The Four Practice Principles

3 hands

1. Go Slow

This can mean either slowing the metronome down, or assigning a faster rhythm to the metronome beat. Going slow allows you to control your technique (how you are using your hands, fingers, arms) and make something difficult more easy to learn.

2. Break Down Into Smaller Sections

This can mean practicing a measure at a time, or only part of a measure, or even just one shift at a time. Additive practice falls in this category, which is when you practice just 2 or 3 notes, and only add the next note if it was done correctly.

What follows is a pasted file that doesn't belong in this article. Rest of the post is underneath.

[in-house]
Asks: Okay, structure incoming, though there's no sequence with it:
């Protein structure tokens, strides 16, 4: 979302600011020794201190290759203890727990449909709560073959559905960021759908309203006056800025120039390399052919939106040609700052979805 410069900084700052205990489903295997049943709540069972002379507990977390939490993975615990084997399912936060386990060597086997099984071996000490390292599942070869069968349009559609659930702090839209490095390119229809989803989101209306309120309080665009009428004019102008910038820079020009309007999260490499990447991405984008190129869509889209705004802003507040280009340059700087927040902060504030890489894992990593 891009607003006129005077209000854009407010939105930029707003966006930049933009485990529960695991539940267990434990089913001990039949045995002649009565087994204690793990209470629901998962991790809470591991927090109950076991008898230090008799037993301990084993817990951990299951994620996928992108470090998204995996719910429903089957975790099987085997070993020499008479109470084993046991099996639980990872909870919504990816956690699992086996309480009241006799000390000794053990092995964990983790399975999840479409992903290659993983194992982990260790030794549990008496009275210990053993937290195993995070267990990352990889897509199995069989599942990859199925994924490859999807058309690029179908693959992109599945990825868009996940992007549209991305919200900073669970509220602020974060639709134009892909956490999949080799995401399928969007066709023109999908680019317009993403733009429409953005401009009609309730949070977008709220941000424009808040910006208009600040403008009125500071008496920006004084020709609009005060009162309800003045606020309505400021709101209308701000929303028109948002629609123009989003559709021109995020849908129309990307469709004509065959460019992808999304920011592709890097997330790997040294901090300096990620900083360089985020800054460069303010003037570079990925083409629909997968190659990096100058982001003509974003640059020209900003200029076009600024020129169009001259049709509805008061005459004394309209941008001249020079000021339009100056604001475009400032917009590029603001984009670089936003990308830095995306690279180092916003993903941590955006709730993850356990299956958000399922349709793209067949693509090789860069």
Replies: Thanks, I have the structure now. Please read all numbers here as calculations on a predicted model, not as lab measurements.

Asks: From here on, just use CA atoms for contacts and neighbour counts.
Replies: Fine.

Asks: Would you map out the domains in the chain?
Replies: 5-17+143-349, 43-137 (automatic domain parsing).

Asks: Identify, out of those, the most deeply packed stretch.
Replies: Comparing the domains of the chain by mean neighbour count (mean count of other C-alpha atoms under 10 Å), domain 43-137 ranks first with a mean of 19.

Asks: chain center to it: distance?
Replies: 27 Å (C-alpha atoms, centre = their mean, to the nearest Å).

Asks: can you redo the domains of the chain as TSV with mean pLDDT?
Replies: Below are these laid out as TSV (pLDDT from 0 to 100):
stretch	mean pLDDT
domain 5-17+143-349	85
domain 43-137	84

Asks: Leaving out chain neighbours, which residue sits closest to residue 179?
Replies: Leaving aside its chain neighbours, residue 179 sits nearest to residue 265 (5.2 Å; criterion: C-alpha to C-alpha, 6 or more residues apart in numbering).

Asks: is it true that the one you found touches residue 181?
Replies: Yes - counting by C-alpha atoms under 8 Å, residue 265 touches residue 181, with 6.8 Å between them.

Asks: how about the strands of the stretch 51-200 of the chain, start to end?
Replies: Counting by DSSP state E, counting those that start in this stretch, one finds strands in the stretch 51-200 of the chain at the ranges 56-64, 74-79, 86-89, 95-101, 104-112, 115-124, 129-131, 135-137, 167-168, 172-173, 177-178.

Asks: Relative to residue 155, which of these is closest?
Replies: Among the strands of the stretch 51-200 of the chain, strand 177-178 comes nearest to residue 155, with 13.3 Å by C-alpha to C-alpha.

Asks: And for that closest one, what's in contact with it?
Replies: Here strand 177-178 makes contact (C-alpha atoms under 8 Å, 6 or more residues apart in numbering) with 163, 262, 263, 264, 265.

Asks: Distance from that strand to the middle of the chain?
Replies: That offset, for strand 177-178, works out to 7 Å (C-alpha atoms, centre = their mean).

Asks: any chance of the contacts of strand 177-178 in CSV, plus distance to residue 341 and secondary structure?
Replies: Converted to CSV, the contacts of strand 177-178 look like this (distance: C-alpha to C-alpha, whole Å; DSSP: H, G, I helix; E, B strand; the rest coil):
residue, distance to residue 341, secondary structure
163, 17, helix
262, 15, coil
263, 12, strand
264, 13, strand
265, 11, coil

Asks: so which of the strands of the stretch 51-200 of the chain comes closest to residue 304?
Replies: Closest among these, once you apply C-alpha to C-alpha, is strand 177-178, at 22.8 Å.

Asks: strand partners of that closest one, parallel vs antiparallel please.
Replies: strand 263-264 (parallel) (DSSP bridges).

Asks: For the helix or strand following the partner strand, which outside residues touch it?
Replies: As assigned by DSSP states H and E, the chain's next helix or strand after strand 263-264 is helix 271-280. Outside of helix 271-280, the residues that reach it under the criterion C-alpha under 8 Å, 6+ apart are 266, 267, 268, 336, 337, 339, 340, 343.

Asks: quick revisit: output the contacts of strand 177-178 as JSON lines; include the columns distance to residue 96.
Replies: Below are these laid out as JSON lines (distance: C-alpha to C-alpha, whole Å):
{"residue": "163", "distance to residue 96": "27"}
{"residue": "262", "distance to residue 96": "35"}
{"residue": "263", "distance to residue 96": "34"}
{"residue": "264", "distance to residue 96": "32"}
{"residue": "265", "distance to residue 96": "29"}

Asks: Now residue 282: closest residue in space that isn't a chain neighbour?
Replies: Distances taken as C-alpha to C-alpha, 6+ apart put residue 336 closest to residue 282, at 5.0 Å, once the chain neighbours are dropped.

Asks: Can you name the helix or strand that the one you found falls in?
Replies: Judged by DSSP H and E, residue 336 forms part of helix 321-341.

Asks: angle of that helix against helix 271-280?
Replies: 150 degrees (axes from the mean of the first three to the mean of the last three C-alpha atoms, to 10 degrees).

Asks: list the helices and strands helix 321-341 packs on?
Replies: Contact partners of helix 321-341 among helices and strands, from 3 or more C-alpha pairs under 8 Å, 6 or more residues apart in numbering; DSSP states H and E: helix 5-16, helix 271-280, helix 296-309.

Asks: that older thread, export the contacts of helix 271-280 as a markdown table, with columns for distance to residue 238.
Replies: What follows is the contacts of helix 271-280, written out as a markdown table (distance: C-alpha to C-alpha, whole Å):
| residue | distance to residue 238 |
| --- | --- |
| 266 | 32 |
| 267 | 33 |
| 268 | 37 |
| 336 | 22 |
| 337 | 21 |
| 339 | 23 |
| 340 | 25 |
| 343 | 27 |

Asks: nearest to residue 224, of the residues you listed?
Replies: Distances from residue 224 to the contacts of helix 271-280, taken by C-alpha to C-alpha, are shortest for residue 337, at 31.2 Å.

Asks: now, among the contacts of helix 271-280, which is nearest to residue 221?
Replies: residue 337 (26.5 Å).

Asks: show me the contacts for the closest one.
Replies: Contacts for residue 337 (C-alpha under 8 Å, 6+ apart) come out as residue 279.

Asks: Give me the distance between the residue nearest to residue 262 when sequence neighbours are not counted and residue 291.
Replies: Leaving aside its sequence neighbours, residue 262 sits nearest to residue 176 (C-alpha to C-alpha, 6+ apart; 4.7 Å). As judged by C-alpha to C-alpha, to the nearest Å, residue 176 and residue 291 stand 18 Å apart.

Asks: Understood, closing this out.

3. Repetition

Practicing a section, a shift, a scale or anything else repeatedly trains your muscle memory to do something easily, accurately, and automatically. Repetition moves the act of music-making from the thinking brain (cerebrum) to the non-thinking brain (cerebellum). The thinking brain is then free to focus on musical expression, interpretation, and creation.

4. Memorization

Memorizing music frees you to observe your technique and correct technical issues. It also means you truly know a passage or a piece, and are free to focus on your performance.

© Todd Gowers 2024,  photographs ©Erika Langley